I can’t imagine life without a soundtrack. Be it our own internal DJ running playlists in our head, or our earbuds emitting favorite tracks to accompany our runs, a radio station in the car, Air Play throughout our house condo apartment abode, a movie soundtrack masterfully helping to carry a mood, becoming part of the story, a CD loaned in an office, streamed in an office, and for good or ill in an elevator a grocery store a Dr.’s office, hummed by a child in the restroom stall next door, hummed by you yourself, belted out in the shower.
Songs of joy, protest, love, hate, frustration, depression, darkness, hope, hopelessness, goofy random silliness, triumph—all have a place. They prompt a smile, or nod, or tap of feet. They can get you to turn the volume up and push the gas pedal dowwwwwnnnn. They can keep you company when you are blue, encourage you to dance, relax, meditate or gyrate. They turn a dark walk in a cold rain up the hill from the bus that was late and cold and loud and smelly with a bad driver into a triumphant joyful march or dance home. They can save you from a hard day, week, time, carry you safely home. They can let you be OK, let you know you are not alone. They can give you strength hope courage. They can lift you up and calm you down. Transport you to a particularly good concert indoor, outdoor, large club or small remembered from once upon a time.
Several pre-distancing weeks ago I was in the produce area of a local grocer. A Bob Dylan song started playing. Everyone in the produce department started to sing. We all noticed made eye contact, smiled and continue to sing together as we picked out our peppers, kales, and cucumbers. Recalling that experience puts me in mind of something David Brooks, New York Times columnist, said. He doesn’t care for the phrase “social distancing” and makes a good case for using the phrase “physical distancing” instead. Yes, right now we can be and need to be social. I truly believe that what happened in that produce department pre-pandemic would happen even today. We’d be standing six feet apart in our various types of masks, politely waiting to get to the cucumbers. A foot tap, a head bob, maybe someone starts to hum or even shyly sing, words muffled by masks. I don’t think I’m far off given how shoppers (at least in that particular store) are behaving today, how they’ve (we’ve) behaved in the past, and the magic of music.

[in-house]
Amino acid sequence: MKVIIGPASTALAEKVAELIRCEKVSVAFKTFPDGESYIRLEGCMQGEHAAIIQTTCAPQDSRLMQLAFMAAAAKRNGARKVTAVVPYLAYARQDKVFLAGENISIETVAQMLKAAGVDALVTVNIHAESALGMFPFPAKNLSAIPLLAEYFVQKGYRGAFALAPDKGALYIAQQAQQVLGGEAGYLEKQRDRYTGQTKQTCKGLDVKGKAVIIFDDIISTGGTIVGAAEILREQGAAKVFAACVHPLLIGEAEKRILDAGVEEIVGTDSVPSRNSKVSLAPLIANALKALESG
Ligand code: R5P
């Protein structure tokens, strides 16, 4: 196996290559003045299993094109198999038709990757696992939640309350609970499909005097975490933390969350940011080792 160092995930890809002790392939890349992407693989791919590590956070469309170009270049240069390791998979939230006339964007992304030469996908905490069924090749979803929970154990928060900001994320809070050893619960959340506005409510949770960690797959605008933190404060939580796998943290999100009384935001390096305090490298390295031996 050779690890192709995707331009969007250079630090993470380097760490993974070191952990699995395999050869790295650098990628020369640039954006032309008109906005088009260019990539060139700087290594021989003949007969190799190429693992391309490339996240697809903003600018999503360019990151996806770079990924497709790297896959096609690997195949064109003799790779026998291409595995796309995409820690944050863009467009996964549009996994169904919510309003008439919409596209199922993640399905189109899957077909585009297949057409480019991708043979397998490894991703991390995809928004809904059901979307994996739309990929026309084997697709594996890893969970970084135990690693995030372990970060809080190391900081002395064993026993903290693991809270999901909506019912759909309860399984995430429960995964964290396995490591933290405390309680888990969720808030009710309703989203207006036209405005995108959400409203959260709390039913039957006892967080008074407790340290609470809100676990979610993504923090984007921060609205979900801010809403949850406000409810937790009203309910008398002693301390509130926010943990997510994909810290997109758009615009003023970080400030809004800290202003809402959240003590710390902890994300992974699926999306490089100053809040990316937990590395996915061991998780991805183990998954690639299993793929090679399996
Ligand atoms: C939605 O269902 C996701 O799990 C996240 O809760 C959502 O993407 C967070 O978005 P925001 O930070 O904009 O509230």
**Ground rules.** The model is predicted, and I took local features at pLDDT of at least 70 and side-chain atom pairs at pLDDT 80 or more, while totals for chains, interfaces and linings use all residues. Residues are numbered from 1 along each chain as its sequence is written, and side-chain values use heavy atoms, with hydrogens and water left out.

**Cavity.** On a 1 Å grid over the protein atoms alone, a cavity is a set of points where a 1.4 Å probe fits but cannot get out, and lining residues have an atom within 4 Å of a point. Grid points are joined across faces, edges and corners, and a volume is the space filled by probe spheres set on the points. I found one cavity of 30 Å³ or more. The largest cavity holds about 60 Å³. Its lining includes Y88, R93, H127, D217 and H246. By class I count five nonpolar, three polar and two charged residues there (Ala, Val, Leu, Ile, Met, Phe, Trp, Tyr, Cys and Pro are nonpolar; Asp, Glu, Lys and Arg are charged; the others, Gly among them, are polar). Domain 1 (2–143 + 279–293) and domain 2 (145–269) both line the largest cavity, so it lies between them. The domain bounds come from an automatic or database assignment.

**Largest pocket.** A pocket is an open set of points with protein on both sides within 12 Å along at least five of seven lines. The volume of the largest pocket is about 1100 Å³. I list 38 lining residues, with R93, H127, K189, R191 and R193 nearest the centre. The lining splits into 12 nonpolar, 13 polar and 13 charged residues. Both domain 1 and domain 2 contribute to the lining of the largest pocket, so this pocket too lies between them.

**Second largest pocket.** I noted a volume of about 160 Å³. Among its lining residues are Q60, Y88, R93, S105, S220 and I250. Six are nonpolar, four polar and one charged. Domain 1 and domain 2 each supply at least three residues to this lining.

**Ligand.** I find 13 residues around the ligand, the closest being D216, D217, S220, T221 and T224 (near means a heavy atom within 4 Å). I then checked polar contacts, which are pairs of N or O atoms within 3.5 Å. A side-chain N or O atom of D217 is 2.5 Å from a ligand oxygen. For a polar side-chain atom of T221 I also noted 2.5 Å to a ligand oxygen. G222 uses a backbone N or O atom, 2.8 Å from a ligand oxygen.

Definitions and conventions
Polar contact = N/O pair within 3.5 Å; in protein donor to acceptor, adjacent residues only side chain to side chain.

Any age, any genre, music speaks to us, sings to us, relates to us, beckons us, grabs us, taps our feet, brings a smile, saves us, cradles us, lifts us, entices us to sing, dance, laugh, cry, helps us ”…sing the body electric…” (thank you Walt Whitman and Weather Report).
Today is no different. In fact, filling our time of waiting, quarantine, isolation with our own soundtrack may be more important than ever. Sharing songs, soundtracks? Even better.
John Prine died this week. From Rolling Stone:
“John Prine, One of America’s Greatest Songwriters, Dead at 73
Grammy-winning singer who combined literary genius with a common touch succumbs to coronavirus complications.
John Prine, who for five decades wrote rich, plain-spoken songs that chronicled the struggles and stories of everyday working people and changed the face of modern American roots music, died Tuesday at Nashville’s Vanderbilt University Medical Center. He was 73. The cause was complications related to COVID-19, his family confirmed to Rolling Stone.”
A great outpouring of posts ensued on social media, most of them included a video of John Prine performing. There we were, me and my physically distanced friends, listening to each other’s favorite John Prine songs. A day of social connection, sharing, smiles, tears, closeness. For one day, we shared a soundtrack.
Sound, melody, harmony, rhythm, timbre, and soul.
“Life without music would be a mistake.”Friedrich Nietzsche said that.
“One good thing about music, when it hits you, you feel no pain.”Bob Marley said that.
“I can’t imagine life without a soundtrack.”I said that.